Sometimes when our
estate planning attorneys are working on a
will here at the Law Offices of James C. Shields, we're confronted with
a client with a physical inability to sign a will. It can be for a variety
of reasons, often health related, but we want you to know that this is
not an obstacle to having a valid will.
If someone is physically unable to sign a will, there are options. If possible,
the testator - person creating the will - can sign with something as simple
as an X. If they cannot, however, they are permitted to direct someone
else to sign the will on their behalf.
There are more stringent requirements for wills than the signature. These
will be required in most states.
Generally, the will needs to be witnessed and signed by two disinterested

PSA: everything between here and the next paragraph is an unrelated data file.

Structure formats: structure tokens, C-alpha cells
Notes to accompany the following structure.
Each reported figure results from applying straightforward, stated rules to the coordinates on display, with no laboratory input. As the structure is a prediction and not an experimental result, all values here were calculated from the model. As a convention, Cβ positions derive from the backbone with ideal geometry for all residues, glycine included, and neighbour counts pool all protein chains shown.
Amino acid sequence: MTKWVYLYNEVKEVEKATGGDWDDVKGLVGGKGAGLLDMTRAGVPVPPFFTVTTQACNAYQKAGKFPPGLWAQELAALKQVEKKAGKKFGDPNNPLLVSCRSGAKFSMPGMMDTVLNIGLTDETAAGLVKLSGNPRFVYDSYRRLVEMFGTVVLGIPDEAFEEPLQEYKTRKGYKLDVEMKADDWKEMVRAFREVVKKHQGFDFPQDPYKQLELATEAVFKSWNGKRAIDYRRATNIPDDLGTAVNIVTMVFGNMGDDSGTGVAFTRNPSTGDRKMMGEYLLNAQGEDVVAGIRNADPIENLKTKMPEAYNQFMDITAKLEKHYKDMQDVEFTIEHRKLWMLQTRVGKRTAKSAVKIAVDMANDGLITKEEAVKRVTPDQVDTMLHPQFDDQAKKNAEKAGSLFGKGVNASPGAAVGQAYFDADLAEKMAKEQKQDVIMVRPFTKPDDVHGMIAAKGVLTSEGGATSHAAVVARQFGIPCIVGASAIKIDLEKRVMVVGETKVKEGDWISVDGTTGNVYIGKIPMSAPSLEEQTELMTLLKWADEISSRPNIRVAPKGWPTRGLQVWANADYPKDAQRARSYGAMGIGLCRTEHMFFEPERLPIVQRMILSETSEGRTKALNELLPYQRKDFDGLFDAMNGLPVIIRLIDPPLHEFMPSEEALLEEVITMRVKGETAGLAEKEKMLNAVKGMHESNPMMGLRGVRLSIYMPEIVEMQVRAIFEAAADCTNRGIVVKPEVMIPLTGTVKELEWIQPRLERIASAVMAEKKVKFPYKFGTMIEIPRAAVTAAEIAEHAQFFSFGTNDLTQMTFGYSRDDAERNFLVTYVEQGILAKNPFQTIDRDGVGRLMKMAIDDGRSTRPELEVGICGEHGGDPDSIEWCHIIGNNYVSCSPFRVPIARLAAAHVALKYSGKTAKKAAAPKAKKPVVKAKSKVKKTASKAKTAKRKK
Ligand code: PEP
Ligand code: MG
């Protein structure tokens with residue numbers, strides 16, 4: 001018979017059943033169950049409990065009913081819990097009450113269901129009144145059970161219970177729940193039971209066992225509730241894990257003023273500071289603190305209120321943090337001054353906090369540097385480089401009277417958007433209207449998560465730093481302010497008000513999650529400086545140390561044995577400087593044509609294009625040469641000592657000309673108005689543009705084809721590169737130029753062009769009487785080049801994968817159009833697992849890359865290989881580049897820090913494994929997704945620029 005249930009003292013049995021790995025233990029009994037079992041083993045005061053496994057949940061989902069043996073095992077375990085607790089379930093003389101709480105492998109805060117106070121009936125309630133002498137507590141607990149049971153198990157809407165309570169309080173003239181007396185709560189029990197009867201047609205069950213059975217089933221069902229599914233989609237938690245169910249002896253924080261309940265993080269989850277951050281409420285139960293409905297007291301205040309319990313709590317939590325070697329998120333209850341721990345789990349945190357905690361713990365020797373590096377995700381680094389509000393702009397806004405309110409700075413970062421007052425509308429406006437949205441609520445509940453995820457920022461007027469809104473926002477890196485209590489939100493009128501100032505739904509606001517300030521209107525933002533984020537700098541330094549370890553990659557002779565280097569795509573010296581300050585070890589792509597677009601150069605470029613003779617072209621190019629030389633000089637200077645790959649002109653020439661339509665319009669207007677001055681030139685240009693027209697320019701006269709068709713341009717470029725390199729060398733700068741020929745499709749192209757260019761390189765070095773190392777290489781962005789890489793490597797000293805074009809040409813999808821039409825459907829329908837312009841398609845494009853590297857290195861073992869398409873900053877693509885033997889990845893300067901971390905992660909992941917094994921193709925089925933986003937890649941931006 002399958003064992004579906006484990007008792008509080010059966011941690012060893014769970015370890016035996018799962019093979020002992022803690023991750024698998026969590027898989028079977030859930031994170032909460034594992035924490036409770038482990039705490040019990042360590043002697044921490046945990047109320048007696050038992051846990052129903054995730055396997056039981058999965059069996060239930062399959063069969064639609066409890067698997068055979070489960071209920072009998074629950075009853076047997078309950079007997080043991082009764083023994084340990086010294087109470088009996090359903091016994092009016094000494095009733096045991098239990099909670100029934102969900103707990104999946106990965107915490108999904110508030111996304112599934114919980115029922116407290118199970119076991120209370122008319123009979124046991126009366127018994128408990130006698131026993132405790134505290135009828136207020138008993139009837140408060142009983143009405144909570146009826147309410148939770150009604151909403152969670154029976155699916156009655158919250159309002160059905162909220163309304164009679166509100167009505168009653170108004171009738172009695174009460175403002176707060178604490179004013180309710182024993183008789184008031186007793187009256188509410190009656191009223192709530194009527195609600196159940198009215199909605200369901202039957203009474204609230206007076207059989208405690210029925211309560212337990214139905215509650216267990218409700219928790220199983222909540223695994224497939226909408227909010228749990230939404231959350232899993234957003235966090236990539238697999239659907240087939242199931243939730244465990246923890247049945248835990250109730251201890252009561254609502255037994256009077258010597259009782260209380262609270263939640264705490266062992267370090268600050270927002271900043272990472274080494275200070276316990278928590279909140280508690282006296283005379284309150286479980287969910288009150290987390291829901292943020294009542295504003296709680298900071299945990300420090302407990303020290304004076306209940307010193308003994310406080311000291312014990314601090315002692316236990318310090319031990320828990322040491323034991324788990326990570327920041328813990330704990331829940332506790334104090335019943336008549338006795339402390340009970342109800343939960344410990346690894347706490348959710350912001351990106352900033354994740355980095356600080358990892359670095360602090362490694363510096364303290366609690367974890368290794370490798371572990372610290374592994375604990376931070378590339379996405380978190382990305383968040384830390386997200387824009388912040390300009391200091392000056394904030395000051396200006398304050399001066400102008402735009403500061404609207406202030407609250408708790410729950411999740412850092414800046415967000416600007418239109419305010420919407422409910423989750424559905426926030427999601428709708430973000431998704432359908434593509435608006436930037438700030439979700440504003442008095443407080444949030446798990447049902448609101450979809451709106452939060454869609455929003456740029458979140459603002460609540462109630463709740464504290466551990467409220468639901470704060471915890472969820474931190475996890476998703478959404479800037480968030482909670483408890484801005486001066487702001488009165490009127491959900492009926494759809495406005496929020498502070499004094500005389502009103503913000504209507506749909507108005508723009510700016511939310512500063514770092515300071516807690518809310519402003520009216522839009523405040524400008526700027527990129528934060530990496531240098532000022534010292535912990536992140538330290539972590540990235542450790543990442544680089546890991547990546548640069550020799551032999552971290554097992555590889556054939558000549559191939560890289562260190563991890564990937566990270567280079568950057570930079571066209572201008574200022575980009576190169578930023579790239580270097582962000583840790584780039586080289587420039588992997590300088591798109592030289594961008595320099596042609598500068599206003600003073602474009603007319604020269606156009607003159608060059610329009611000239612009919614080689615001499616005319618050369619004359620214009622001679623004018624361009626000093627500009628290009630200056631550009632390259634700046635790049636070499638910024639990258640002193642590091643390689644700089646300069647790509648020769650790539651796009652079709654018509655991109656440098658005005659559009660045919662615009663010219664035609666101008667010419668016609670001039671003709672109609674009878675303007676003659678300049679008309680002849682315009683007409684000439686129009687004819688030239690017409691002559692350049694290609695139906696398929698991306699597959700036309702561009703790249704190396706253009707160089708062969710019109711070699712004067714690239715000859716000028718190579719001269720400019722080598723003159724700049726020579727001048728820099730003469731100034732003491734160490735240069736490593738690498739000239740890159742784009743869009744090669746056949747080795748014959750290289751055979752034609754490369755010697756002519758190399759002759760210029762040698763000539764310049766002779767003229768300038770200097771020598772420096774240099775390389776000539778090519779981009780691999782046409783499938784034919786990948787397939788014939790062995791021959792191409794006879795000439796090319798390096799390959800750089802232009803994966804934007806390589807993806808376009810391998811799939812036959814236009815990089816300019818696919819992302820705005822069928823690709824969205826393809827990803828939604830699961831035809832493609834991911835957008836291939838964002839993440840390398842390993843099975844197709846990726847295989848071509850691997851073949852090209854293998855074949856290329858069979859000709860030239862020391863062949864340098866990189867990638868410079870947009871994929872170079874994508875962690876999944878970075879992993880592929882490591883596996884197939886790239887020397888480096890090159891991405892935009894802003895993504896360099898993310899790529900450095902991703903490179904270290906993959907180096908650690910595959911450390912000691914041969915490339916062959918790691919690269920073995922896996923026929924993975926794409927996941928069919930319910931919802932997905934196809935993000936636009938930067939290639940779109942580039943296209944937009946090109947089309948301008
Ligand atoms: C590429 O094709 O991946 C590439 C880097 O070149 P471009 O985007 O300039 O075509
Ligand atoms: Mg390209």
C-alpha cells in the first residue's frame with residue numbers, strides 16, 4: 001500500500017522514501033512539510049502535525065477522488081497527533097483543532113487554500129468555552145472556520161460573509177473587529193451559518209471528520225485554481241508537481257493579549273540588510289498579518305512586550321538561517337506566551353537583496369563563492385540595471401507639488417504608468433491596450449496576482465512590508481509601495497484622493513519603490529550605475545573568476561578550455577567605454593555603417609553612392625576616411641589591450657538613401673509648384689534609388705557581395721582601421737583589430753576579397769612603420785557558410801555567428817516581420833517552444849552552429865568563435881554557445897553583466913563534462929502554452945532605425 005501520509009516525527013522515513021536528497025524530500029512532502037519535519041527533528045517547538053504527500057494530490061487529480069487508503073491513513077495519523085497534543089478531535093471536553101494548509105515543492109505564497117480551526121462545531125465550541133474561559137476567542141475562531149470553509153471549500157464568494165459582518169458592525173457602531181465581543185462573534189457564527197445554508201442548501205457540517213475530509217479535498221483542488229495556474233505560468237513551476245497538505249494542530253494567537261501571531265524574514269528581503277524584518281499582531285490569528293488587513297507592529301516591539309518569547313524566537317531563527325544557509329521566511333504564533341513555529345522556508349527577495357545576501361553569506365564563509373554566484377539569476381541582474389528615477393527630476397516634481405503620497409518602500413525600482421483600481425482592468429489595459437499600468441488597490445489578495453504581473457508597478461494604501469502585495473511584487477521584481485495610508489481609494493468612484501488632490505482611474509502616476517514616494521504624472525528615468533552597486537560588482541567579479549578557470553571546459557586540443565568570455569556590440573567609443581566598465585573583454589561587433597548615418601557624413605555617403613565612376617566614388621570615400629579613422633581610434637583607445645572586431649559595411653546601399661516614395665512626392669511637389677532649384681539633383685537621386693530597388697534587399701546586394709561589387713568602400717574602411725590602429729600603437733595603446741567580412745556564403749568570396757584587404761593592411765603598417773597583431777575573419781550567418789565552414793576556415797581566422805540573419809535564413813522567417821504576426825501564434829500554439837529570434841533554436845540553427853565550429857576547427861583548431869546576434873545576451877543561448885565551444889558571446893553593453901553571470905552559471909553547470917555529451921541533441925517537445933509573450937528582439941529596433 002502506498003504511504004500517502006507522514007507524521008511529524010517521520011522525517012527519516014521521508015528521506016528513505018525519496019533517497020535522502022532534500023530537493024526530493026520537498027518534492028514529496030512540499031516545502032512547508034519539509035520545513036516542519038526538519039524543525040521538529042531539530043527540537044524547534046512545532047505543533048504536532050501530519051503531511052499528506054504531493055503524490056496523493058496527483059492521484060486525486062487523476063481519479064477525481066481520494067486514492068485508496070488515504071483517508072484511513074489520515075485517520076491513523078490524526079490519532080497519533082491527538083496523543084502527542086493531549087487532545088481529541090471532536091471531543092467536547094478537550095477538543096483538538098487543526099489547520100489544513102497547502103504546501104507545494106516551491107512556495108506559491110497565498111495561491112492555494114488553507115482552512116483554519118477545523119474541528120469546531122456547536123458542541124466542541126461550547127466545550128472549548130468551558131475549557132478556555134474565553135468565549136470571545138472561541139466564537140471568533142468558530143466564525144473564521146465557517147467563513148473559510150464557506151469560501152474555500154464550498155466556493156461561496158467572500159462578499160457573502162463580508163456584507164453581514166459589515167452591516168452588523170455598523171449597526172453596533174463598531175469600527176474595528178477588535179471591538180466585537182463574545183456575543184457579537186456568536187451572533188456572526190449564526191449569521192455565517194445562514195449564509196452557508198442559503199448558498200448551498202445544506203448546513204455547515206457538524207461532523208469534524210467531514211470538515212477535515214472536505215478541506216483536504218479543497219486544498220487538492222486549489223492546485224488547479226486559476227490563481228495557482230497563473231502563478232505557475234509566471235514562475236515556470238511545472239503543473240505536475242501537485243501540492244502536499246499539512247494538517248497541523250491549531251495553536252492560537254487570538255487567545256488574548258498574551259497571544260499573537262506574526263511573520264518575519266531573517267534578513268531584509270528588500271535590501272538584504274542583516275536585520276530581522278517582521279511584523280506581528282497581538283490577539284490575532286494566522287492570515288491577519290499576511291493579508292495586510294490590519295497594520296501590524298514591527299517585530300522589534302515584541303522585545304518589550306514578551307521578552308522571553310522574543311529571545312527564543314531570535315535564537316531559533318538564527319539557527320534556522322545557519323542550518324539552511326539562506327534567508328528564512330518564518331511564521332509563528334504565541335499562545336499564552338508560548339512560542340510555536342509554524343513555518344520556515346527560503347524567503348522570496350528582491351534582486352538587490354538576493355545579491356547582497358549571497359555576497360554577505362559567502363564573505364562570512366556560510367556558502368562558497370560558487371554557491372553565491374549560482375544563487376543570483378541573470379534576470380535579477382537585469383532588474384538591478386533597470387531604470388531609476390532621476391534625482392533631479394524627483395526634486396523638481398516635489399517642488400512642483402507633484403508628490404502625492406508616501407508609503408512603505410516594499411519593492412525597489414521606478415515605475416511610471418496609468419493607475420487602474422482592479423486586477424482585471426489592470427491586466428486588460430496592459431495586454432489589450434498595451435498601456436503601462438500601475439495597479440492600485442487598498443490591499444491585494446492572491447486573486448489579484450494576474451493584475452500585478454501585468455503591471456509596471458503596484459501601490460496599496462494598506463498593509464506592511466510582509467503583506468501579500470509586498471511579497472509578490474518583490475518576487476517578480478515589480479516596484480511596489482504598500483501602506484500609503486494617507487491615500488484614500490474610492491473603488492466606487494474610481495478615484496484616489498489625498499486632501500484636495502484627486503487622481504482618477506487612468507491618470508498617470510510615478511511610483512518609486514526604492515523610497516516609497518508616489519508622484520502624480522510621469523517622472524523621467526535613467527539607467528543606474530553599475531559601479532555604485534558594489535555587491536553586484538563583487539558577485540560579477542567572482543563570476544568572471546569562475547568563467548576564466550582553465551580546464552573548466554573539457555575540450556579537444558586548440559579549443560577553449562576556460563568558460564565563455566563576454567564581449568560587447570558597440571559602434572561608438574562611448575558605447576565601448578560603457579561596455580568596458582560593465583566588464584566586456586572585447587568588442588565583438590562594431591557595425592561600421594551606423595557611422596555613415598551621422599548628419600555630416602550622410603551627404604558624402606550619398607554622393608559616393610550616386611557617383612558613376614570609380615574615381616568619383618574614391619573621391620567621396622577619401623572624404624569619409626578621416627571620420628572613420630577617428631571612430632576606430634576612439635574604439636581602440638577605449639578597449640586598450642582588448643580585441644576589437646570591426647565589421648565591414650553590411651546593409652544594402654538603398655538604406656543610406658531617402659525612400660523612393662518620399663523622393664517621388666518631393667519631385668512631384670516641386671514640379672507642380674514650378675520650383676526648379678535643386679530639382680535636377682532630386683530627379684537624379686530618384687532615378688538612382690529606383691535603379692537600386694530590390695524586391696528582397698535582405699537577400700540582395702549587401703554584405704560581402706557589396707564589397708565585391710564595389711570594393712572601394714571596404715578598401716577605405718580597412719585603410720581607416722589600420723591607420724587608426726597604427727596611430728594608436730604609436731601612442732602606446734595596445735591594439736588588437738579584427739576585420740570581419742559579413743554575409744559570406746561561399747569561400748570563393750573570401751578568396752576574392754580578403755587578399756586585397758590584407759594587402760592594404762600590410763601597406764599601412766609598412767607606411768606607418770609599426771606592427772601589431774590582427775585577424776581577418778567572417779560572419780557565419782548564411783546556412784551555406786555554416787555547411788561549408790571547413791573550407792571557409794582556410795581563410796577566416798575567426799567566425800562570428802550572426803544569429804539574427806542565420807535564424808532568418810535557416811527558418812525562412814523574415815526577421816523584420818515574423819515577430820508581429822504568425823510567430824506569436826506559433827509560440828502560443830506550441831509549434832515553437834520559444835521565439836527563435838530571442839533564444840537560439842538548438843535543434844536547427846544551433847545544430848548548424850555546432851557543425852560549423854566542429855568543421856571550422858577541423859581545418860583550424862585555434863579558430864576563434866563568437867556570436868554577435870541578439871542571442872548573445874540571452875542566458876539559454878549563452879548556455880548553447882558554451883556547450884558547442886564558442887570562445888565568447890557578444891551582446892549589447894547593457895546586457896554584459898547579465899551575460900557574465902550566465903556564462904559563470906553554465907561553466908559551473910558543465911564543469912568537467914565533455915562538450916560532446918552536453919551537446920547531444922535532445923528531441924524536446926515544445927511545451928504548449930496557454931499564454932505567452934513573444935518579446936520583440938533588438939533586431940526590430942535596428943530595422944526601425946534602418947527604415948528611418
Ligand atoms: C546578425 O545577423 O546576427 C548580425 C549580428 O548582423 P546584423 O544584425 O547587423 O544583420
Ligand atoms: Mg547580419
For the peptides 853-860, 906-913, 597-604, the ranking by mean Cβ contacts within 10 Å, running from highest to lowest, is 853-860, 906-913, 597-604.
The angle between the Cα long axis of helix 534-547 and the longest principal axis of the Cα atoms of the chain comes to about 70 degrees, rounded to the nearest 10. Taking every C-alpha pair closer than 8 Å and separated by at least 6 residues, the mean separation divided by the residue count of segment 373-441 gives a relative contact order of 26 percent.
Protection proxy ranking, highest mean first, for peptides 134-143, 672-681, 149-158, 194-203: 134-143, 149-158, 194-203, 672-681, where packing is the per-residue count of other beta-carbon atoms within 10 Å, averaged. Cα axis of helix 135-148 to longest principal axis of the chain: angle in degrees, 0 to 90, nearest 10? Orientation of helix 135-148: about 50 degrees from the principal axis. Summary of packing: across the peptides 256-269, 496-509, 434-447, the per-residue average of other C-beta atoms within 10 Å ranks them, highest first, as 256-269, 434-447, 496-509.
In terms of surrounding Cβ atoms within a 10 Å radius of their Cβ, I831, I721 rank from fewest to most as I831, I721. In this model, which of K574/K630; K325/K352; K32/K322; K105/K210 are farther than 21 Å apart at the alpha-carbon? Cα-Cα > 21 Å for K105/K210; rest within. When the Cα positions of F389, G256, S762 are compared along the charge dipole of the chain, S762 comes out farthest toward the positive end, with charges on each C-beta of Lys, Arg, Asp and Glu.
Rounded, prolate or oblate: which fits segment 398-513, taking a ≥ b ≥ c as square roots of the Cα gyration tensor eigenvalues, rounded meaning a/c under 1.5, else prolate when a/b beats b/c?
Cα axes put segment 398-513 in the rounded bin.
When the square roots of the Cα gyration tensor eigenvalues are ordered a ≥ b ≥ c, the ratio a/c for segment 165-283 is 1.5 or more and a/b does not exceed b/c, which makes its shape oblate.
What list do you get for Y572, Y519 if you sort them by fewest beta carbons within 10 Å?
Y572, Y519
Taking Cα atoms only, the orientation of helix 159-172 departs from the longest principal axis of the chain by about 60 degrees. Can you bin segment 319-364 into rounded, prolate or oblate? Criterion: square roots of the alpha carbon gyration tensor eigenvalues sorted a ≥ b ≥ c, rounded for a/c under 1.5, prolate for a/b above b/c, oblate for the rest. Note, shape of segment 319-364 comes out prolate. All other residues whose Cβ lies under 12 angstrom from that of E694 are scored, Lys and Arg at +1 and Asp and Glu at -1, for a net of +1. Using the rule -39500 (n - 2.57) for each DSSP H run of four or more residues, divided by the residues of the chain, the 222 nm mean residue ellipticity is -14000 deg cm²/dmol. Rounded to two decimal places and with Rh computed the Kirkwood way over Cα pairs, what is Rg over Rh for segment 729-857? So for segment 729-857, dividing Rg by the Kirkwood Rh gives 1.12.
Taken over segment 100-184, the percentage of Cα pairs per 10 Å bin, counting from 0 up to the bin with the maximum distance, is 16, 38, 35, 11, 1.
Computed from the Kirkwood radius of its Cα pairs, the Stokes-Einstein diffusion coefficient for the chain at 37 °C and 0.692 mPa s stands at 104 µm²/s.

(in other words, non-inheriting) witnesses. If a witness has an interest
in the will and it is contested, that witness may lose his/her share of
the inheritance. The testator needs to sign the will, or direct someone
to sign the will on her behalf, in the presence of both witnesses at the
The Capacity to Create a Will
The testator must also have the capacity to create a will. It is not particularly
difficult to have that capacity; the requirements only apply when the
will is signed. Therefore, a person can have rare moments of lucidity
and still have testamentary capacity.
At the moment the will is signed, the testator must understand a few requirements,
- What property they have
- How their property is to be distributed under the will
- To whom they would normally include in the will (most people will include
spouses and children, for example)
Get the Help of an Estate Planning Attorney
In conclusion, an inability to sign is no obstacle to creation of a will,
but there are some formalities you'll need to observe. There are also
other, more important, requirements of which to be aware. If you're
thinking about making a will, or need to arrange to have a will written
for a loved one,
contact our Torrance estate planning lawyers for a consultation.